“Images are not just a particular kind of sign, but something like an actor on the historical stage, a presence or character endowed with legendary status, a history that parallels and participates in the stories we tell ourselves about our own evolution”– (W. J. T. Mitchell 1984, 504)
Media representations are powerful. Not only do they embody the appealing veneer of journalistic impartiality, which seems to objectively reflect world in unadulterated ways, but also they help to generate public opinion and thus create consensus when crafting and mobilizing particular policy responses.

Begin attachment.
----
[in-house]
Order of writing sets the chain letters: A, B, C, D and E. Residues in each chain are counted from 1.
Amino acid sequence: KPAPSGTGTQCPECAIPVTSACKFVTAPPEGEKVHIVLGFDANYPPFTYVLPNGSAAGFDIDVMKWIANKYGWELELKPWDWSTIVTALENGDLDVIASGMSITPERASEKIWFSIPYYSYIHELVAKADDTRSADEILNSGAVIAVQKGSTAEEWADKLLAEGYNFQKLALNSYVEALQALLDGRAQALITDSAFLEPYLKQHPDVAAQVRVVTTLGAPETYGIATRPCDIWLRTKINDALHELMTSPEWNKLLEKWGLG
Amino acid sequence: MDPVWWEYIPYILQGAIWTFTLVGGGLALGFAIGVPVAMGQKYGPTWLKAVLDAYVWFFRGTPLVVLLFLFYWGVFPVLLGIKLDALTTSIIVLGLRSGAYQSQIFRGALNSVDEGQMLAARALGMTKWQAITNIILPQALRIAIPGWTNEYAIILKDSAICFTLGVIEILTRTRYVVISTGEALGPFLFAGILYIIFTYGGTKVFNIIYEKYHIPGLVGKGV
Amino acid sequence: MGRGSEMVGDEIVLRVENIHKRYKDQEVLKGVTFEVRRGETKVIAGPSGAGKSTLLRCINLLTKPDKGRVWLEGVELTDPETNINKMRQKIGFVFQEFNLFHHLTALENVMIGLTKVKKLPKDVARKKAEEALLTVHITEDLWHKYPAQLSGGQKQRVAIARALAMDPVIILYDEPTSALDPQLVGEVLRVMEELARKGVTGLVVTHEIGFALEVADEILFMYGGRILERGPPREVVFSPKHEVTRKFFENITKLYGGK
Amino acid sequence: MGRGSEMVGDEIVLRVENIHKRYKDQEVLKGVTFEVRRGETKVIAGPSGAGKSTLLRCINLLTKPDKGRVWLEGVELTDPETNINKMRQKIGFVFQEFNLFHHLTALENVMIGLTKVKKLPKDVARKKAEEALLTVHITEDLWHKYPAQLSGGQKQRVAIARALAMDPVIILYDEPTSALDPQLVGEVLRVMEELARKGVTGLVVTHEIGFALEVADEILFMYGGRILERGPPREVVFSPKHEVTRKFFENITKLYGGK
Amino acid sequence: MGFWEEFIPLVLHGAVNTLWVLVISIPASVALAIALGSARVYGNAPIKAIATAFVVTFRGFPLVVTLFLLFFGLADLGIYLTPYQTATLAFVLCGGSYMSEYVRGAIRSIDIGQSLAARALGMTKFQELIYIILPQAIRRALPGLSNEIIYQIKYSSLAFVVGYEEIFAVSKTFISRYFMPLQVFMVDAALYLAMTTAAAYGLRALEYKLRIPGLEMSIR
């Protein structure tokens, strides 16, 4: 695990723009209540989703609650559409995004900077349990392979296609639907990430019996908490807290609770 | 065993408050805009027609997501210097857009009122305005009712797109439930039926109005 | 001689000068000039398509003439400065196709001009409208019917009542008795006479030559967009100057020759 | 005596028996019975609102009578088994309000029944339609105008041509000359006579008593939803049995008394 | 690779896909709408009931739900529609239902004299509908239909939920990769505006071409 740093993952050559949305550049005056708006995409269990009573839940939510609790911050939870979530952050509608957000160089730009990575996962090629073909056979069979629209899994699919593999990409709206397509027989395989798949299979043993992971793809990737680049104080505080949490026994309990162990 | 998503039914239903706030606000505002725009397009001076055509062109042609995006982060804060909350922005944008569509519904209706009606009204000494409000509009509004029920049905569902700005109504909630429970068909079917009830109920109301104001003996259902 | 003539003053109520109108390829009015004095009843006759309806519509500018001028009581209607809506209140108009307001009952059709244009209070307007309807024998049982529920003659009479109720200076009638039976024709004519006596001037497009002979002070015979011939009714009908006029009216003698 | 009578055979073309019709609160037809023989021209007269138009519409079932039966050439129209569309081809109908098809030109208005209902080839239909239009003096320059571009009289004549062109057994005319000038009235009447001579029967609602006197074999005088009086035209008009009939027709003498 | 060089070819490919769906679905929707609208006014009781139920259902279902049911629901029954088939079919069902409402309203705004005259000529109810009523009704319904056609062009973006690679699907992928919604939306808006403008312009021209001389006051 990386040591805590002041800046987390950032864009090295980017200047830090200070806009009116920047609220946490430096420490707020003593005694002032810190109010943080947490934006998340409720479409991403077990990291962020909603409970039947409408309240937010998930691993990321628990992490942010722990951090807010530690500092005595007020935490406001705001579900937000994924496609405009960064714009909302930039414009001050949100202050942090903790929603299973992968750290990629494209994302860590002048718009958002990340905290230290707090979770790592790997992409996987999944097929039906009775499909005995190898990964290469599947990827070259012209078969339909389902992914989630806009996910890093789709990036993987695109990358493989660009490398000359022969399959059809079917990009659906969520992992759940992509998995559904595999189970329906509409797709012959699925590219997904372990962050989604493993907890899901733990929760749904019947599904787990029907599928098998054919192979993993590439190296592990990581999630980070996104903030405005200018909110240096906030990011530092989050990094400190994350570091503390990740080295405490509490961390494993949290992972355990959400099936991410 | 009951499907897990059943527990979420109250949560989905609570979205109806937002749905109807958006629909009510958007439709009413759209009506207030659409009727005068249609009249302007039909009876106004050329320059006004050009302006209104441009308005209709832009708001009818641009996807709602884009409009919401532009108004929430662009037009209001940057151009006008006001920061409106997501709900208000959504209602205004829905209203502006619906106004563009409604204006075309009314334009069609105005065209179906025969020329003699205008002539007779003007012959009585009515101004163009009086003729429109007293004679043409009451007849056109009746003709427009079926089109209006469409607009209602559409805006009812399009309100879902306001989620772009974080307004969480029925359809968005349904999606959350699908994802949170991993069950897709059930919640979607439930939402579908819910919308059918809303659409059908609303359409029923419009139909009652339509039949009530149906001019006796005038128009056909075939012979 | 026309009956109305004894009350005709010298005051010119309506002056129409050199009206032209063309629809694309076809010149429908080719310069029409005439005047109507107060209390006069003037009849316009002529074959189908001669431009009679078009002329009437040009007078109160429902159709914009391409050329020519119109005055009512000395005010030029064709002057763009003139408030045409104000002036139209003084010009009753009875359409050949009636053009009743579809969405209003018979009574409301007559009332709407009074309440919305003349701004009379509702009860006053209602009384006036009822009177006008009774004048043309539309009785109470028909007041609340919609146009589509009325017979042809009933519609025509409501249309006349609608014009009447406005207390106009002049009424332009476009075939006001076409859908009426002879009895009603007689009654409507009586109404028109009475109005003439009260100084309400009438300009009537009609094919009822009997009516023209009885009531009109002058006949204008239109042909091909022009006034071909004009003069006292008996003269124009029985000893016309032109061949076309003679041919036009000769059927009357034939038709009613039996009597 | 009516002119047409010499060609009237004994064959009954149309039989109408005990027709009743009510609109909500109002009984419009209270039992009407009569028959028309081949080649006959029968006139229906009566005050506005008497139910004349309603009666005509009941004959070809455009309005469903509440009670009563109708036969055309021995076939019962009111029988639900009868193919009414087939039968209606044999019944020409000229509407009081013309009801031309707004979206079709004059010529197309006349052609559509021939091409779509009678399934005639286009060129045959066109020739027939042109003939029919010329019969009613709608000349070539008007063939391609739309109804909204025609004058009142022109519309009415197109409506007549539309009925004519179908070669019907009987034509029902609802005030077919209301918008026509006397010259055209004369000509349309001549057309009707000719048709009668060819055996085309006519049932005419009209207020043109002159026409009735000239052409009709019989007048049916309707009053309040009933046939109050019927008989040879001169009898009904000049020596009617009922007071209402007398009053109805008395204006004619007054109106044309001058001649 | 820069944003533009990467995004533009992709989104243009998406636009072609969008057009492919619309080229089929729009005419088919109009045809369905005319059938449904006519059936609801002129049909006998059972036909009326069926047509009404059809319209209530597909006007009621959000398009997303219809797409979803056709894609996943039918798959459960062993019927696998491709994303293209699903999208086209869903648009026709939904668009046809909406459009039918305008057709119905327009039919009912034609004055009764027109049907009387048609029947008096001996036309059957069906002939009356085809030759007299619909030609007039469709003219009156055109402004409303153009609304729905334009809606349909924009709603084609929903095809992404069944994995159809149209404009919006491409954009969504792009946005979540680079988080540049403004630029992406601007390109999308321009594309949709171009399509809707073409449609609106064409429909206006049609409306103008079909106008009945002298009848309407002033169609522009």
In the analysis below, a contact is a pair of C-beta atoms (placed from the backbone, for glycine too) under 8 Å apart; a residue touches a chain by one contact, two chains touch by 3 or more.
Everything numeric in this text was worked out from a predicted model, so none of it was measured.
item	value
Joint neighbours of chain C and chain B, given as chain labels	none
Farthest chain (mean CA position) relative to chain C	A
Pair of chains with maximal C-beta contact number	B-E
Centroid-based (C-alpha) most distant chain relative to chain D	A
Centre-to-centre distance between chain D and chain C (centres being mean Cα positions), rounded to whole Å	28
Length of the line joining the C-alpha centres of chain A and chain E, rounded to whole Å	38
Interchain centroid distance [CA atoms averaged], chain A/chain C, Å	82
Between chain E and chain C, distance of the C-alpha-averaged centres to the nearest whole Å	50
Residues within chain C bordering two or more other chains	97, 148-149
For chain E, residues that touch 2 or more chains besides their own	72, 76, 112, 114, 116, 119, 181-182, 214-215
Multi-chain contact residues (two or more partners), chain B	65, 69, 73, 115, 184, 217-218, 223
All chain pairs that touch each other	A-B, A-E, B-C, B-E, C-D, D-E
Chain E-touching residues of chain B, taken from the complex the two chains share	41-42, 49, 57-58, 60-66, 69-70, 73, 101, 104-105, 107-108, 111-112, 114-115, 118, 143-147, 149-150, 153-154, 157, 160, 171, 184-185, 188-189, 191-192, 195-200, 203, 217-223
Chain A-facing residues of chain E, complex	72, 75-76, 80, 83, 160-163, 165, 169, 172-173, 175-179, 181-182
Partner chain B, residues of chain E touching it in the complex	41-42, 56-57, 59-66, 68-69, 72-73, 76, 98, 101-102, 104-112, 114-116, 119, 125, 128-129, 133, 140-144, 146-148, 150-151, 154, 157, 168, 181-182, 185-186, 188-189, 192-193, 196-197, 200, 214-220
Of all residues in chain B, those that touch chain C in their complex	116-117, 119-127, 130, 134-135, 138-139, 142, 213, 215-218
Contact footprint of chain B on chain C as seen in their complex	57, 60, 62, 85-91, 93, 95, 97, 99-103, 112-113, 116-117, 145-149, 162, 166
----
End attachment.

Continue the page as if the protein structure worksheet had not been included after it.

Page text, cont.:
Such an image-policy nexus is exemplified in the hyper-mediatized phenomenon of clandestine migration out of West Africa during 2006 and 2007. While the Western route was effectively crippled by the implementation of border controls and surveillance technologies, the images we see today of boat migrants leaving North African shores bear a striking similarity to those circulated nearly a decade ago.
In order to highlight the productive relationship between image and policy, this photo essay explores some of the visual and rhetorical representations of West African boat migrants that circulated widely in the European and American press during what was called a “wave” of clandestine arrivals in the Canary Islands. …read more on the Youth Circulations blog.